Design in the Civic Space: Generating Impact in City Government

Paper by Stephanie Wade and Jon Freach: “When design in the private sector is used as a catalyst for innovation, it can produce insight into human experience, awareness of equitable and inequitable conditions, and clarity about needs and wants. But when we think of applying design in a government complex, the complicated nature of the civic arena means that public servants need to learn and apply design in ways that are specific to the intricate and expansive ecosystem of long-standing social challenges they face, and learn new mindsets, methods, and ways of working that challenge established practices in a bureaucratic environment. Design offers tools to help navigate the ambiguous boundaries of these complex problems and improve the city’s organizational culture so that it delivers better services to residents and the communities in which they live.

For the new practitioner in government, design can seem exciting, inspiring, hopeful, and fun because over the past decade it has quickly become a popular and novel way to approach city policy and service design. In the early part of the learning process, people often report that using design helps visualize their thoughts, spark meaningful dialogue, and find connections between problems, data, and ideas. But for some, when the going gets tough—when the ambiguity of overlapping and long-standing complex civic problems, a large number of stakeholders, causes, and effects begin to surface—design practices can seem slow and confusing.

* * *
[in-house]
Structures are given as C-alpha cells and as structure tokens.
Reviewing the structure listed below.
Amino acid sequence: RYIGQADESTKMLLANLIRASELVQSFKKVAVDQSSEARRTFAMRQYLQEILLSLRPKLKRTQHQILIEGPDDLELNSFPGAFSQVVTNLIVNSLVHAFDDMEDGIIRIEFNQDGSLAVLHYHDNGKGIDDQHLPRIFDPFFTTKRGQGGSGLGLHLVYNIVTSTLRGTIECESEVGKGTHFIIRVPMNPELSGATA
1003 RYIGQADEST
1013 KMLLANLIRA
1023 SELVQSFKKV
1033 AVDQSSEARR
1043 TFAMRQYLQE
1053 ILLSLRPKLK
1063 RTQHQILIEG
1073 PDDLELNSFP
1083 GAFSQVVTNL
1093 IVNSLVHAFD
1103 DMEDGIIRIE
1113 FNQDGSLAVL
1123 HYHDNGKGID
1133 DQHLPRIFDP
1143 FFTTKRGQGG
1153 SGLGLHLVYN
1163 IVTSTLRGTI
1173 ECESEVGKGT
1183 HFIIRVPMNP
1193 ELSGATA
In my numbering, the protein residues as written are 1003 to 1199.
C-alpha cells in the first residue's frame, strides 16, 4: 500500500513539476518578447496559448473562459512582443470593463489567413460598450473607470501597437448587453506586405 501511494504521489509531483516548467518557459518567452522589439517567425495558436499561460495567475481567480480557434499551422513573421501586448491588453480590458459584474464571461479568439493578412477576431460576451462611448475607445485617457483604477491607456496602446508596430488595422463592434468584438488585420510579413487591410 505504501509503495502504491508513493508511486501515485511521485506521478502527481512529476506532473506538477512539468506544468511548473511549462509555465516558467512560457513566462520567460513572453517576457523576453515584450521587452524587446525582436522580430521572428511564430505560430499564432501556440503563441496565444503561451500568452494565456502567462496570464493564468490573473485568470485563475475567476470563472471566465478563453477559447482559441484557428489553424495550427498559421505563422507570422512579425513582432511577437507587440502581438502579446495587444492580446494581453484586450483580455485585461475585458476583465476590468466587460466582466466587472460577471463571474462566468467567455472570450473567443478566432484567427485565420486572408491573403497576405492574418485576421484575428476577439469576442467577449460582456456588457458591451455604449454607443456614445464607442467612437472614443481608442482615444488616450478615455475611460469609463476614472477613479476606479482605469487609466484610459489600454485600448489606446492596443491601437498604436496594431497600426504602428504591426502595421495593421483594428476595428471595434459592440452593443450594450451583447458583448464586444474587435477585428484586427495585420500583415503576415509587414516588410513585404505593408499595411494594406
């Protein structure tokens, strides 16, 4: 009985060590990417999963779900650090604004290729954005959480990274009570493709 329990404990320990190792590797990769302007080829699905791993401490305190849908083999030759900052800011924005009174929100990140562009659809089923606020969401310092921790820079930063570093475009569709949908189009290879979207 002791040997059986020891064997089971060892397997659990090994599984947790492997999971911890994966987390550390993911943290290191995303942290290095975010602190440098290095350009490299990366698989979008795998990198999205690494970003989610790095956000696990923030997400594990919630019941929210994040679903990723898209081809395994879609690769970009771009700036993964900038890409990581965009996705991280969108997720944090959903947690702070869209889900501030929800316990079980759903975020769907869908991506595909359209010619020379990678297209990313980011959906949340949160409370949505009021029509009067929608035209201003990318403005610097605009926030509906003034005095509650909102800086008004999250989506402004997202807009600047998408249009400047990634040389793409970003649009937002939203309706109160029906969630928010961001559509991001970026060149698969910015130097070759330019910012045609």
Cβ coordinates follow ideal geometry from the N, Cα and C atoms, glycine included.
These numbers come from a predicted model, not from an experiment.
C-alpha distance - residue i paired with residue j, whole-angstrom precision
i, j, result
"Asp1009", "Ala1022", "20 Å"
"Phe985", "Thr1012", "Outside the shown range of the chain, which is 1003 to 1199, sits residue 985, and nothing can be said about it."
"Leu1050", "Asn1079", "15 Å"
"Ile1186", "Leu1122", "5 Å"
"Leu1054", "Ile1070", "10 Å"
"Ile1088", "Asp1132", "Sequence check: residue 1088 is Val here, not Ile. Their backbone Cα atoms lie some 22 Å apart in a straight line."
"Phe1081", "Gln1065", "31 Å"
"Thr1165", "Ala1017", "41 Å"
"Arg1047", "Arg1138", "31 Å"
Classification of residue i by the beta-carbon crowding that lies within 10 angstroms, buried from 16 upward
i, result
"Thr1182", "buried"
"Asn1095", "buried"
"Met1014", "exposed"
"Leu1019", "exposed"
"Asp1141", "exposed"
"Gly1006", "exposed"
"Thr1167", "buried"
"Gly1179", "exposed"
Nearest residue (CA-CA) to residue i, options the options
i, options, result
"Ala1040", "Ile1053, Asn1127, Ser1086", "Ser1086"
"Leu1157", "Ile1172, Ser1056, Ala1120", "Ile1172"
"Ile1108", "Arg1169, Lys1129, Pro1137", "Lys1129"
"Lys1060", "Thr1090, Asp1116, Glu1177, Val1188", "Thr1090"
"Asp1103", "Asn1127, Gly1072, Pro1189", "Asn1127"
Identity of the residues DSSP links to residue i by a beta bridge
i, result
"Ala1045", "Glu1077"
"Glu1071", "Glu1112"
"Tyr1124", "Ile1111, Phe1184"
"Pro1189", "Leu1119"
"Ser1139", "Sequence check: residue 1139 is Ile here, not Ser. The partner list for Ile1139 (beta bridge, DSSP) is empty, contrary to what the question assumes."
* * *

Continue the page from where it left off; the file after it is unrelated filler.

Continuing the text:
In this article we explore the growth and impact of using design in city government and best practices when introducing it into city hall to tackle complex civic sector challenges along with the highs and lows of using design in local government to help cities innovate. The authors, who have worked together to conceive, create, and deliver design training to over 100 global cities, the US federal government, and higher education, share examples from their fieldwork supported by the experiences of city staff members who have applied design methods in their jobs….(More)”.

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